Pickus said there’s no question marijuana has benefited many patients he’s treated, though he also shares some of the concerns expressed by other doctors. And he’s frustrated that the FDA has never taken on the questions of marijuana’s safety and efficacy.
“That’s the agency we depend on to test drugs and establish which ones work,” he said. “This should never have been left to the states. It’s the wrong way to make the system work.”
Twenty years ago, Pickus chaired the first state medical marijuana commission for then-Gov. John McKernan, who had made his name as a young state representative by sponsoring the bill that decriminalized marijuana possession. But after serving in Congress and then his first term as governor, the political winds had shifted, and McKernan never took up the commission’s recommendations.
It was not until the first referendum vote a decade later — sponsored and funded, like the second one, by an out-of-state organization — that medical marijuana became legal.
Pickus decried what he called two “special-interest groups” — those who see medical marijuana as a step toward full legalization, and others who have tried to criminalize all uses — as not serving the needs of those who can benefit from marijuana.
The dispensary system is far from ideal, in his view.
“Charging $400 an ounce for a drug that’s not covered by insurance can be a hardship,” he said. “I have patients who have trouble handling a co-pay.”
But he doesn’t spare his fellow physicians from criticism. “We’ve really got to get our heads out of the sand and deal with this.” Although 13 states, from Alaska to Maine, have provisions for medical marijuana, there’s no visible push for a change in federal law at the moment.
Pickus is also skeptical of claims that marijuana use could unduly harm patients’ health. “Sure, there’s the possibility of dependence, but we over-prescribe opiates and OxyContin, and they’re already a common cause of death, just like alcohol use,” he said. “To my knowledge, no one has ever died from smoking marijuana.”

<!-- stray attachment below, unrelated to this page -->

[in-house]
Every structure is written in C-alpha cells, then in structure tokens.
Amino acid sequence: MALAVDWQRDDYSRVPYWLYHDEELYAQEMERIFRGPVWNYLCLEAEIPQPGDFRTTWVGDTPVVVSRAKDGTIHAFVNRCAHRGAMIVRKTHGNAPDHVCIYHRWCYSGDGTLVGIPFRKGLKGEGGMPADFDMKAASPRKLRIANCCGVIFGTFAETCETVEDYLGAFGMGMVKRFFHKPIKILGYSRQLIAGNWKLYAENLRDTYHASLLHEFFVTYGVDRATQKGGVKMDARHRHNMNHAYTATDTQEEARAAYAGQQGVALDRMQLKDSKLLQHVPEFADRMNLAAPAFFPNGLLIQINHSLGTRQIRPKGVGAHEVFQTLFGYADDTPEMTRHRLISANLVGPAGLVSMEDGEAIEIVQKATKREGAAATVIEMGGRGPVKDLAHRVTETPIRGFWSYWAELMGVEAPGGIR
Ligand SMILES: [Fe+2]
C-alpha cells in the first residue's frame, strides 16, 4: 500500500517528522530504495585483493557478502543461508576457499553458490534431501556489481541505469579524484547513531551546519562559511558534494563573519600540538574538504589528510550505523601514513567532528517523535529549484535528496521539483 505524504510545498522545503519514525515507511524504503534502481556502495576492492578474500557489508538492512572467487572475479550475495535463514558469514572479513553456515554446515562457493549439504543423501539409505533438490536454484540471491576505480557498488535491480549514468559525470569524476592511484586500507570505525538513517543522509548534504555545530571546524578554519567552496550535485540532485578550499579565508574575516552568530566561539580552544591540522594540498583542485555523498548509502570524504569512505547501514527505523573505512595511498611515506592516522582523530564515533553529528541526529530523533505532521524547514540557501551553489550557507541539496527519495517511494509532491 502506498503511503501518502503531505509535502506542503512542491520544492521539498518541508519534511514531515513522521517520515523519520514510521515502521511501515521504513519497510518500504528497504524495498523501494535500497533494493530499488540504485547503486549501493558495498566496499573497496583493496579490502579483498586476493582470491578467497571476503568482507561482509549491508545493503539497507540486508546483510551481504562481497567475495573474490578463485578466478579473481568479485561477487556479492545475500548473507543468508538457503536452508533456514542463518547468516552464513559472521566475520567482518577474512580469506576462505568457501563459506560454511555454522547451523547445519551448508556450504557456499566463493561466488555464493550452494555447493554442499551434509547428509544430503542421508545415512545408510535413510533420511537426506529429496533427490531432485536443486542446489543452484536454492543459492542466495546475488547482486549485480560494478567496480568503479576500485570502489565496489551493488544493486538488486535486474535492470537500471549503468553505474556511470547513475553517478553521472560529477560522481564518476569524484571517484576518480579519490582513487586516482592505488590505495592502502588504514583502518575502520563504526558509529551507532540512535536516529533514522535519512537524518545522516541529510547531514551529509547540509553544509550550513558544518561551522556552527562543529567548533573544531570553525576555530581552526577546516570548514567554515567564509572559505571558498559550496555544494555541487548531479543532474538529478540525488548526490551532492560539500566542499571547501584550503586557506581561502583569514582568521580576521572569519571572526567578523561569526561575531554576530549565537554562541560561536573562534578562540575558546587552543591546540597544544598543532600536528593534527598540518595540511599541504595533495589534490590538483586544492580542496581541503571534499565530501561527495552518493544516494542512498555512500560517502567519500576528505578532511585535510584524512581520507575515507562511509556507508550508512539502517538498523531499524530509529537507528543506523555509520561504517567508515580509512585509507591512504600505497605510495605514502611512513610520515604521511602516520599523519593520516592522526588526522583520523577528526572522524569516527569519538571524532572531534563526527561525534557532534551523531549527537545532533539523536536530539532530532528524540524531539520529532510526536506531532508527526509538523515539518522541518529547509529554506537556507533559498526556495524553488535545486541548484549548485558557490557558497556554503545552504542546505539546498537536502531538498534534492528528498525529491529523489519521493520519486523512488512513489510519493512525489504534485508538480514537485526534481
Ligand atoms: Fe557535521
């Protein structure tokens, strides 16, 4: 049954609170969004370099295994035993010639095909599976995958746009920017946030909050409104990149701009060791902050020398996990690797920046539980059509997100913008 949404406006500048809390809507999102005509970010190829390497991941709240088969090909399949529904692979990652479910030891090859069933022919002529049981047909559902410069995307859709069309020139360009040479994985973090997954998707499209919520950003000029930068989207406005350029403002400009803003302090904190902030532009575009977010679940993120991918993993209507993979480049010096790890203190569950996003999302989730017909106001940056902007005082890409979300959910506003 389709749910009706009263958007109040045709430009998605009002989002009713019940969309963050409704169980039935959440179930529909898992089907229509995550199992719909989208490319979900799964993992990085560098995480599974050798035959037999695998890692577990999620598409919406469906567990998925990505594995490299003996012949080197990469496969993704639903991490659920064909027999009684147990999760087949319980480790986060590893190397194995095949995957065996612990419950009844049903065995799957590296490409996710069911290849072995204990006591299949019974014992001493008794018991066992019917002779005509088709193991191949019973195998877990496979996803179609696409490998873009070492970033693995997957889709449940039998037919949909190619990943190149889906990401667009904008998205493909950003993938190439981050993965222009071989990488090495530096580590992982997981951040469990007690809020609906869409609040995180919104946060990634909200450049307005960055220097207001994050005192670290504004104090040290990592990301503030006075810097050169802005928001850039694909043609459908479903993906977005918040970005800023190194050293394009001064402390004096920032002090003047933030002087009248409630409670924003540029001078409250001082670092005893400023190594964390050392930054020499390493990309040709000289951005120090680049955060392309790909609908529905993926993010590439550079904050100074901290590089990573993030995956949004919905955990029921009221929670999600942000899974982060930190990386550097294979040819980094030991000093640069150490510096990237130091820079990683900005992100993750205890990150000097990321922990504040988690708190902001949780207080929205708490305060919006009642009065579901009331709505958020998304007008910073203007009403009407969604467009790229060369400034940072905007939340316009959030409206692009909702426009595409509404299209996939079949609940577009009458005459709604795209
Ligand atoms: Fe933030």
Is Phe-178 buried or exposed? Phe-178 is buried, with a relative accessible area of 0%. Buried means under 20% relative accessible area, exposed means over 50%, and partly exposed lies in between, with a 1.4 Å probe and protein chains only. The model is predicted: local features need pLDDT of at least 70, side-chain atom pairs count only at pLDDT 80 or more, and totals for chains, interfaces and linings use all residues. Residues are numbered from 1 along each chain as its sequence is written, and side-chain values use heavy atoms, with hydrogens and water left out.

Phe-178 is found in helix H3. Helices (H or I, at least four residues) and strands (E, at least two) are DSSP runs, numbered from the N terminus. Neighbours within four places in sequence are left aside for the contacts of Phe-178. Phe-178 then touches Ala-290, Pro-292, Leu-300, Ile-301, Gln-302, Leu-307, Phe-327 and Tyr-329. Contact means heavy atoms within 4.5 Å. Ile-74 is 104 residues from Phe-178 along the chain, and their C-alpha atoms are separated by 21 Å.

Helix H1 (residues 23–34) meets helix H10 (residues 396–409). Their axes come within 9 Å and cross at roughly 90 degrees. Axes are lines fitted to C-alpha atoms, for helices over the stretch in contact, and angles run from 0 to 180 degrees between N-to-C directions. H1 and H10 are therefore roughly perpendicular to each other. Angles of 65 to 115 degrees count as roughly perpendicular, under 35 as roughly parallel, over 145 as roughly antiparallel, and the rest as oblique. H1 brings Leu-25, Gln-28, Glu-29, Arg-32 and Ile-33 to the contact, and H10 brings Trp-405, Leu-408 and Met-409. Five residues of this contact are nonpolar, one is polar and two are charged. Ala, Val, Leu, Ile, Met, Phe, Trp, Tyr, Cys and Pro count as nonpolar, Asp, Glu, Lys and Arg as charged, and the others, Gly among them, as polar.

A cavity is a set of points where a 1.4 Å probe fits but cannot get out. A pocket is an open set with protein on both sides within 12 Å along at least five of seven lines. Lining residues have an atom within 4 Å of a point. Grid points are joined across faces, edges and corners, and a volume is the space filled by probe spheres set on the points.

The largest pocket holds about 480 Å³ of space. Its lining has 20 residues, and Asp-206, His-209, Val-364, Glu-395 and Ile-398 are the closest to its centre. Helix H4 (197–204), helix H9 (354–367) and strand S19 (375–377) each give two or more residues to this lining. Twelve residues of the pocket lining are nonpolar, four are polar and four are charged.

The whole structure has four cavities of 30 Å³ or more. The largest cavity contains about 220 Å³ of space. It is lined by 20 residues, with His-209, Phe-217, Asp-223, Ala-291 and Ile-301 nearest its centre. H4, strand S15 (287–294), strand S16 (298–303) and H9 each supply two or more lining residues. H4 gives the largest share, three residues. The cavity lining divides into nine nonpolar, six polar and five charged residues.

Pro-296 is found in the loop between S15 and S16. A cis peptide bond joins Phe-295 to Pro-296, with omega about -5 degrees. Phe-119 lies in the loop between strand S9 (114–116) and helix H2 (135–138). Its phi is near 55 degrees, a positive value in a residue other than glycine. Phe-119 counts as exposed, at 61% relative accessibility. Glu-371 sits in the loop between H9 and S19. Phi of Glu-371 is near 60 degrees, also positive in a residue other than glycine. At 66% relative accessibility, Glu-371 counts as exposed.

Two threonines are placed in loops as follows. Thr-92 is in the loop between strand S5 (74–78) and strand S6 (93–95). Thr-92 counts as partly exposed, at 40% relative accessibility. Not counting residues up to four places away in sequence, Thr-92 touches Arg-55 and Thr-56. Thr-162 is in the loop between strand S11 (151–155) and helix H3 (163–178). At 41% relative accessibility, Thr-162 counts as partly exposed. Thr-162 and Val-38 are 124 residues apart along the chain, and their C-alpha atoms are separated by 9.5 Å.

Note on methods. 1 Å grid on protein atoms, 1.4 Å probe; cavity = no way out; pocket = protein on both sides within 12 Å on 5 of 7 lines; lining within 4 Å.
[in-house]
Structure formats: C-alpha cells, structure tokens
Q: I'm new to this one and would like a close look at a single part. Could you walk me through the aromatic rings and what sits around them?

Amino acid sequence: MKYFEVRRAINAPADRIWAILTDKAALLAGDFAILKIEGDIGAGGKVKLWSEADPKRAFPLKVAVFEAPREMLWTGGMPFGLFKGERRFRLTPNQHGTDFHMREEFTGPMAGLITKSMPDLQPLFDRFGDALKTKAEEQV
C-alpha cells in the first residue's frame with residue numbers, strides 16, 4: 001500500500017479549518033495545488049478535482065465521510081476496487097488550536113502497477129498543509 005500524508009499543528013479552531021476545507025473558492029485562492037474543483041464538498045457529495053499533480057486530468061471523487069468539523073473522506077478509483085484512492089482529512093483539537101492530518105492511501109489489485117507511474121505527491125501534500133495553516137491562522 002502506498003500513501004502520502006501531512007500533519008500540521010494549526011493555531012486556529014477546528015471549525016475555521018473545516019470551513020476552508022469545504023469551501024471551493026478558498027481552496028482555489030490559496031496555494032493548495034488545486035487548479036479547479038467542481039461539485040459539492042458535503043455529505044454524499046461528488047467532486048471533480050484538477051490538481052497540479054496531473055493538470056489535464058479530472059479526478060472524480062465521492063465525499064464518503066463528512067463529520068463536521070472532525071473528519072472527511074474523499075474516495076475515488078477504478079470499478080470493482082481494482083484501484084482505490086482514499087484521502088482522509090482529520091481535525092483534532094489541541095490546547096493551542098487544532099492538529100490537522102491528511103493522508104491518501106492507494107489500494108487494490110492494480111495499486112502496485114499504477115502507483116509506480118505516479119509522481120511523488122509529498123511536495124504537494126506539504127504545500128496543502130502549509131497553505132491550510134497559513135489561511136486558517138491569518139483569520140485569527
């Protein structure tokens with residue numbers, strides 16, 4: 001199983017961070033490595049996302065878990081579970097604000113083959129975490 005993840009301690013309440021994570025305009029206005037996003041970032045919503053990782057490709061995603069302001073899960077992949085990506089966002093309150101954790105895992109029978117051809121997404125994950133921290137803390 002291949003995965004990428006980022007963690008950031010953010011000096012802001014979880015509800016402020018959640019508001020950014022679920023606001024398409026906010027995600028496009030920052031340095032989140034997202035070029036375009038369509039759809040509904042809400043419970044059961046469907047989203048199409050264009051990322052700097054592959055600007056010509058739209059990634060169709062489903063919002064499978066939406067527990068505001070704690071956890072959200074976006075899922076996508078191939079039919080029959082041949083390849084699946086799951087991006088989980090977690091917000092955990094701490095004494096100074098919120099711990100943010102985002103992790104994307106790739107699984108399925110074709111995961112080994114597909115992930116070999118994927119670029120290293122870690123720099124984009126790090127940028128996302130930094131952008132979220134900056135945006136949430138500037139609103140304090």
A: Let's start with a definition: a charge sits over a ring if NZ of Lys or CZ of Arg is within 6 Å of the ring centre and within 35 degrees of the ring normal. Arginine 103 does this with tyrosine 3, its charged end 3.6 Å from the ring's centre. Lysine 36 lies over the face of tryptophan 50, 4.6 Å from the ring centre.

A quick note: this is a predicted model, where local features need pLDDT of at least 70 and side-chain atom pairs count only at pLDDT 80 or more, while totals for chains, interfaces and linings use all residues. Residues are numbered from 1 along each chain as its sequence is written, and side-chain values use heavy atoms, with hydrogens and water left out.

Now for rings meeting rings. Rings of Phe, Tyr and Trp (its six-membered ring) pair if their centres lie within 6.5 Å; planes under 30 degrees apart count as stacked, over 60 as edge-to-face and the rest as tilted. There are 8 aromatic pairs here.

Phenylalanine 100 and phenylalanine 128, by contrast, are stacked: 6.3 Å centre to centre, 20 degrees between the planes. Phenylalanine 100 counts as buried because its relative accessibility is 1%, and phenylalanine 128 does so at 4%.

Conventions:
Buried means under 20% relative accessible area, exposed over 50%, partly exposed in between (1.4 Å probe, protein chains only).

'The first year is tough'
At Remedy Compassion Center, Jennifer Smale said the availability of certificates should improve when all eight of the state-approved dispensaries are operating, possibly by the end of this year, and when caregivers and patients feel free of possible interference by law enforcement.
“The first year is tough,” she said. “After that, it seems to get a lot better in all the states that have authorized dispensaries.”
She noted that in Oregon, 40,000 patients are registered marijuana users, and that in Colorado, some 1,200 physicians are participating in the state system. Even states with recent laws are signing up numerous patients — 2,500 in New Mexico, and 2,250 in Rhode Island, whose original law dates only to 2006.
She believes that some doctors are still unduly suspicious of marijuana as a drug. Some prospective dispensary customers have told her they are prescribed opiates, but if their provider finds, through drug testing, that they are also using marijuana, their treatment is discontinued. “That’s harsh,” she said. “It’s not easy to withdraw from opium-based drugs.”
Smale said that education is the biggest hope for eventual widespread acceptance by the medical community. “Maine’s system is going to work very well,” she said. “We’ll see physicians becoming more open-minded, particularly when they see how safe it is.”
For Nickolas Stanley, that day can’t come too soon.
“I didn’t need a card when I started using marijuana, and now I can’t get one,” he said. “It’s been very confusing to figure out what to do. Even though I’ve paid my fees and they say I’m approved, I can’t do it without a certificate.”
He feels he never should have been put in this position. “It’s not like I’m asking for anything new. I just need my medicine.”
Consent form aimed at liability issue
Possible misuse of marijuana by patients who can legally possess it has been cited as one reason why providers should be cautious about writing certificates. Dr. Owen Pickus, a Westbrook-based physician who writes certificates, says “the OUI issue is a real one,” and “no one should be driving a car after smoking marijuana.”
The state has offered one means of dealing with potential liability issues by posting a “Consent to Treatment” form on the Department of Health and Human Services website, which doctors can ask patients to sign. It covers the lack of FDA approval, possible impurities and contamination, and specifies that the patient is responsible for proper use.
For the form and further information, see the DHHS page: www.maine.gov/dhhs/dlrs/